The next panel is a close up of the drawing on the right hand side, focusing on Artchilles' narration: "But the brush kept eluding my grasp". The drawing depicts the brush falling out of his reach as a foot steps on his hand. An onomatopoeia that reads crunch! is belted, all together demonstrating how limited in his options Artchilles really is.
In the third and final panel of the page, the narrator describes the monotony Artchilles is locked into. With six drawings of a man boxed in lined up in a perspective that gives the illusion of ascending forward, towards the reader's right hand side and descending into obscurity looking into the left, we see the repetitive nature of the job. Even so, Artchilles' words above the drawing facing the viewer boldly say "I Was Stuck!" This use of perspective fittingly gives the sense of endlessness.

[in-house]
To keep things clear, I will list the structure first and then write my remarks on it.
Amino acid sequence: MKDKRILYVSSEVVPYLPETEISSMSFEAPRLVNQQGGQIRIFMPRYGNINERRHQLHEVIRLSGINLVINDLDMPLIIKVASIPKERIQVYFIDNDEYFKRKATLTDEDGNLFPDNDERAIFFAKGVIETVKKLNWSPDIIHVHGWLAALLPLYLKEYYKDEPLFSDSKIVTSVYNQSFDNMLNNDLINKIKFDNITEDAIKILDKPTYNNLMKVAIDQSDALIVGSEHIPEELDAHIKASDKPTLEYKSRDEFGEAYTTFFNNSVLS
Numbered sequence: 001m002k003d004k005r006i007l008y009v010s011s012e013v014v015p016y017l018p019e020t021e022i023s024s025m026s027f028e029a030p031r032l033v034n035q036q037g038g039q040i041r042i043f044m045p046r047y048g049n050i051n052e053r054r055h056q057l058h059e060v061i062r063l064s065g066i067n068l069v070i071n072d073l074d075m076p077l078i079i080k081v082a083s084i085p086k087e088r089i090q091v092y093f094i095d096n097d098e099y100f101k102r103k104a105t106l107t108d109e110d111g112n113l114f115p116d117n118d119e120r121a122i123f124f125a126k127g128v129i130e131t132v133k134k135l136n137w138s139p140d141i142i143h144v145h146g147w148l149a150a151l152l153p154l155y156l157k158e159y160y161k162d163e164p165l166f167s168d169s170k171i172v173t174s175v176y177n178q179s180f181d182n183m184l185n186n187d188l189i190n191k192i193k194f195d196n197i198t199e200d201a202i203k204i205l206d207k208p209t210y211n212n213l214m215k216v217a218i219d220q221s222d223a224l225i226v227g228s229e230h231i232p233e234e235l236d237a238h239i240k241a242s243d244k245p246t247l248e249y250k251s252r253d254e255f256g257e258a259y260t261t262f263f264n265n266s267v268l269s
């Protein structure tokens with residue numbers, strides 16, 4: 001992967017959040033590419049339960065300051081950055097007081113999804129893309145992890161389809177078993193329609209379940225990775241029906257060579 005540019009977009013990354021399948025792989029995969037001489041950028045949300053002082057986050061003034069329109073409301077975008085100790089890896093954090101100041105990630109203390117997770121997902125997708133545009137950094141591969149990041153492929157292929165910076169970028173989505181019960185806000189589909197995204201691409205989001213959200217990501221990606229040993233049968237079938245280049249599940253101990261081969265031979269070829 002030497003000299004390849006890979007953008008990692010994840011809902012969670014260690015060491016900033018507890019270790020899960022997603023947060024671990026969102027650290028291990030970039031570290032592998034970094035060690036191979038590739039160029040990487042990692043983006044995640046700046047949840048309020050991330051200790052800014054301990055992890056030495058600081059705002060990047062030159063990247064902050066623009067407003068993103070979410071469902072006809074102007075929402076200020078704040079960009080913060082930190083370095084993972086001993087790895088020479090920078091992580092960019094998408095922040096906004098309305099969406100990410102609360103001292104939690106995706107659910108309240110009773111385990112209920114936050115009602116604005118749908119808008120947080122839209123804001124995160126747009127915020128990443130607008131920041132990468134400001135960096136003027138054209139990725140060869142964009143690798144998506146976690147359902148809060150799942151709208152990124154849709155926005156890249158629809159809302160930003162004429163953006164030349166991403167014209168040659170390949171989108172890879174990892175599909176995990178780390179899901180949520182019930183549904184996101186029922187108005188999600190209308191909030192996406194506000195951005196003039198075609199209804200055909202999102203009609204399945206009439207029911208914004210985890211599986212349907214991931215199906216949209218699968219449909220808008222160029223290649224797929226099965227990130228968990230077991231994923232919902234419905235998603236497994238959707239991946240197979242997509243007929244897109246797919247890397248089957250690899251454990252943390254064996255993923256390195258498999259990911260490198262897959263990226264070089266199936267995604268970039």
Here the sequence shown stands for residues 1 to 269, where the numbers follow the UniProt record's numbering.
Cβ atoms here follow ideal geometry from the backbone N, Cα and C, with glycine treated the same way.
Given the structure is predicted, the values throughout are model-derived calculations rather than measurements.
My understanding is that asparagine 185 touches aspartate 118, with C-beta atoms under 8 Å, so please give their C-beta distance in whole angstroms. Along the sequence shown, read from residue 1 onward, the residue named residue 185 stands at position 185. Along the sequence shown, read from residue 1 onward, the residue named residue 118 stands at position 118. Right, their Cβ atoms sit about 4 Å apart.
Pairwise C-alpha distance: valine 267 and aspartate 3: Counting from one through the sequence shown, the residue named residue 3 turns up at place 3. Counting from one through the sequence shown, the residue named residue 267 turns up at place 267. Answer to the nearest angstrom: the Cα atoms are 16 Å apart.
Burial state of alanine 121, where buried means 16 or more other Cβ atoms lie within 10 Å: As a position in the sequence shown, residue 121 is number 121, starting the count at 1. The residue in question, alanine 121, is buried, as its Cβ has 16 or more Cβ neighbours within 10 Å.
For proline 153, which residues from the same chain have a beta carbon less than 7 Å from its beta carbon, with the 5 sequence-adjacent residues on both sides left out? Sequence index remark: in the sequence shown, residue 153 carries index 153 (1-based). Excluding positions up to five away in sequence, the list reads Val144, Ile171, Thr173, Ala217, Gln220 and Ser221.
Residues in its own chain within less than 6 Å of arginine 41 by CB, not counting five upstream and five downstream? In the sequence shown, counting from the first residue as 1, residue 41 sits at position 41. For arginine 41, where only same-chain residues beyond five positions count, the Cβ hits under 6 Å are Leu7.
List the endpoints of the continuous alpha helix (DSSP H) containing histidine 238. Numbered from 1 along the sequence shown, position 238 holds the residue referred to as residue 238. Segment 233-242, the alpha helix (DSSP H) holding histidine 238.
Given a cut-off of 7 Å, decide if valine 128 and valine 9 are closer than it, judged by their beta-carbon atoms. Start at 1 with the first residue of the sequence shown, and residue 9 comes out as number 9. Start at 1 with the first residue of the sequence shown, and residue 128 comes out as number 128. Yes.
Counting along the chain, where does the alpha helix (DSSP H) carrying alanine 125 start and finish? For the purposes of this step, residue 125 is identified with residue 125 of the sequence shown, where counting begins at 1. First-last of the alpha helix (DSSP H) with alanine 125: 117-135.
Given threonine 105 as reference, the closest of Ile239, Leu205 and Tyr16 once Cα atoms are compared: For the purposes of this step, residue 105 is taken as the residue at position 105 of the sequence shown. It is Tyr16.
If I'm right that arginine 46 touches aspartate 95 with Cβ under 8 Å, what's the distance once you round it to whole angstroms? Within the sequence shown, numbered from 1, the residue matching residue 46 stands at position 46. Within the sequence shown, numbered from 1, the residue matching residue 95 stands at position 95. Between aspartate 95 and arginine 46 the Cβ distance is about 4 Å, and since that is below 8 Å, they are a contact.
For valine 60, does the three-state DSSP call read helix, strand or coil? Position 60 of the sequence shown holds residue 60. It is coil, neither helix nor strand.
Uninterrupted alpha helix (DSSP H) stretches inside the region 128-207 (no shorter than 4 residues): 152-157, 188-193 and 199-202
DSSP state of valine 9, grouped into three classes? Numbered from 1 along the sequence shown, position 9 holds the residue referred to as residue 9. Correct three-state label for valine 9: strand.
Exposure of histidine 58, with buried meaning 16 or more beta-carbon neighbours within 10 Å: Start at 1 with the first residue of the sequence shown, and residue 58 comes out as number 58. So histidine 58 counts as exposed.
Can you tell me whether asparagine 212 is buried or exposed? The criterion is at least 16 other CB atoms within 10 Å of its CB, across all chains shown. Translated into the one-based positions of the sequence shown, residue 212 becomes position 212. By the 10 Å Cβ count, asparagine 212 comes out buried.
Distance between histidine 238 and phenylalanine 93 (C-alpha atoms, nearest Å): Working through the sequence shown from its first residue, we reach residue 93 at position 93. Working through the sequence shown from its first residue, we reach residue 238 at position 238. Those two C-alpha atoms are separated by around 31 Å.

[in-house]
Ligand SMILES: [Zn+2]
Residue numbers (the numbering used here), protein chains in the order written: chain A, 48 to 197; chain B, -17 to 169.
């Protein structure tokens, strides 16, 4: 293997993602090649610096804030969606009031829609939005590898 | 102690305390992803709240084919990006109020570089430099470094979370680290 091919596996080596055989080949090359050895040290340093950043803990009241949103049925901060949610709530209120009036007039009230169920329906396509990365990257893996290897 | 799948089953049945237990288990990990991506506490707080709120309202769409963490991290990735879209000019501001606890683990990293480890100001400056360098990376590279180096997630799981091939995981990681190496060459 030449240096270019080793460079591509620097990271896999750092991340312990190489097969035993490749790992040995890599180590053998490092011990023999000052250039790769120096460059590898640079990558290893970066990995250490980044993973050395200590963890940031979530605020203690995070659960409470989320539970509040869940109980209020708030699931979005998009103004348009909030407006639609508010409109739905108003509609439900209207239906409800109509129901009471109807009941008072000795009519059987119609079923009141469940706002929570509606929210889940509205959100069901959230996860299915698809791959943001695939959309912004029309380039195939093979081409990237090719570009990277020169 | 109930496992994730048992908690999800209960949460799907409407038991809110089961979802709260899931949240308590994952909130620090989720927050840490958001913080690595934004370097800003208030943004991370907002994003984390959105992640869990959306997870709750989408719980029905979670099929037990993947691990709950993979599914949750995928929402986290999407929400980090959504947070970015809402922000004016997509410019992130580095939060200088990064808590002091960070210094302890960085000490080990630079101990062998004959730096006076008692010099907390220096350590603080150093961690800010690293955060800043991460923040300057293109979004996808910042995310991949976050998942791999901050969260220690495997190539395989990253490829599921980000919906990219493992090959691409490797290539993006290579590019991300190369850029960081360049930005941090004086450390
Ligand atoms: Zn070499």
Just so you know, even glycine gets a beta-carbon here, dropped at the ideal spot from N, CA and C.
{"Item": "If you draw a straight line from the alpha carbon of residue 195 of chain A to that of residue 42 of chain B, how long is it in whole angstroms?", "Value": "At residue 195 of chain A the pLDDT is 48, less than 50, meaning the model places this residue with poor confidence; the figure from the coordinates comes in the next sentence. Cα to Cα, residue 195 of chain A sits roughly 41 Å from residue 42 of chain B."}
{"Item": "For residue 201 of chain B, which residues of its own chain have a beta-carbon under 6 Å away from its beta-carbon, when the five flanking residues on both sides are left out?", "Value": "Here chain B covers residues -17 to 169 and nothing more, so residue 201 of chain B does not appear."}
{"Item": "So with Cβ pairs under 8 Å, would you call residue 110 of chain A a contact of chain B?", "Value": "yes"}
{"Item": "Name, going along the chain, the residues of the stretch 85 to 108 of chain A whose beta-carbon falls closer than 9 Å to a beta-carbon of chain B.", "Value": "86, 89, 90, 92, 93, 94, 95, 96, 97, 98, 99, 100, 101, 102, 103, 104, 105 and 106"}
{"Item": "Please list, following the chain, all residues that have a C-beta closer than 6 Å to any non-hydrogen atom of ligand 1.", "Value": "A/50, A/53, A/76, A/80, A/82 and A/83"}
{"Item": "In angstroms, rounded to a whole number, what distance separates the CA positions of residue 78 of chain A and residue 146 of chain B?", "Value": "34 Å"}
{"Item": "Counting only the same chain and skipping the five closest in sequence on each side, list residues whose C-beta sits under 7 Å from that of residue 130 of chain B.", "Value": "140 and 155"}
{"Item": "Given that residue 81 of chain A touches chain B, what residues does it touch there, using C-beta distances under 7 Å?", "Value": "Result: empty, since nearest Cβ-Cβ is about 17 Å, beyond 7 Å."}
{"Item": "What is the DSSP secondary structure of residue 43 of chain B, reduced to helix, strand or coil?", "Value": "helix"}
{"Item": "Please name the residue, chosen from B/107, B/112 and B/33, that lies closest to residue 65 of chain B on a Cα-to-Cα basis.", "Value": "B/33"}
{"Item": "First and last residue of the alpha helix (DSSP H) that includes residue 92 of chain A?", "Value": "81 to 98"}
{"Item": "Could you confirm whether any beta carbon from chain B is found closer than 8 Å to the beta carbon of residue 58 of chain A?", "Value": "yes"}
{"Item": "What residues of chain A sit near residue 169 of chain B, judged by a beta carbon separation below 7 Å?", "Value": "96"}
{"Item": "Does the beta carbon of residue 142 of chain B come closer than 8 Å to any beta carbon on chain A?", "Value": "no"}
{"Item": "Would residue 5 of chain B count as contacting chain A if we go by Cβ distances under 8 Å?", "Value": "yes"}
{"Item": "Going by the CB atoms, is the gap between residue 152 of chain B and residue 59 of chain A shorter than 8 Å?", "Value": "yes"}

Onto the next page, which as the title implies, "Taking the Leap", Artchilles does precisely that. He is seen surrendering and then dives into the unknown. Afterwards, he sees a vision of a muse, who guides him to his desired destination. When delving into the significance of this page (and the entire story at large), Larry offers a question that prompts readers to ponder for a moment over what might be holding them back from seeking his/her own journey: "Have you ever seen a more poignant expression of that pivotal moment before taking the leap? With arms raised, you have surrendered to the unknown". With that said, the third page not only serves as a rising action, but it also invites the readers to assess a time when he or she was confronted with such a moment. And if they haven't already done so, it encourages them to seek it. As Artchilles raises his hands to the sky before taking the plunge, the text in the yellow boxes is no longer written from the third person perspective. It transitions to Artchilles' point-of-view as if he's finally taking control once again. The next page depicts how Artchilles fares trying to balance out his work at the factory and listening to the muse, which eventually results into a sudden halt. It is then revealed in a typed text in yellow boxes that he conceived this series of drawings thirty years ago while he was still working in the factory, which eventually became a homeless center. With the old drawing board destroyed, Artchilles then resorted to using invoice paper to illustrate on. Below the drawing of the building, we see a real-life sample of the invoice paper.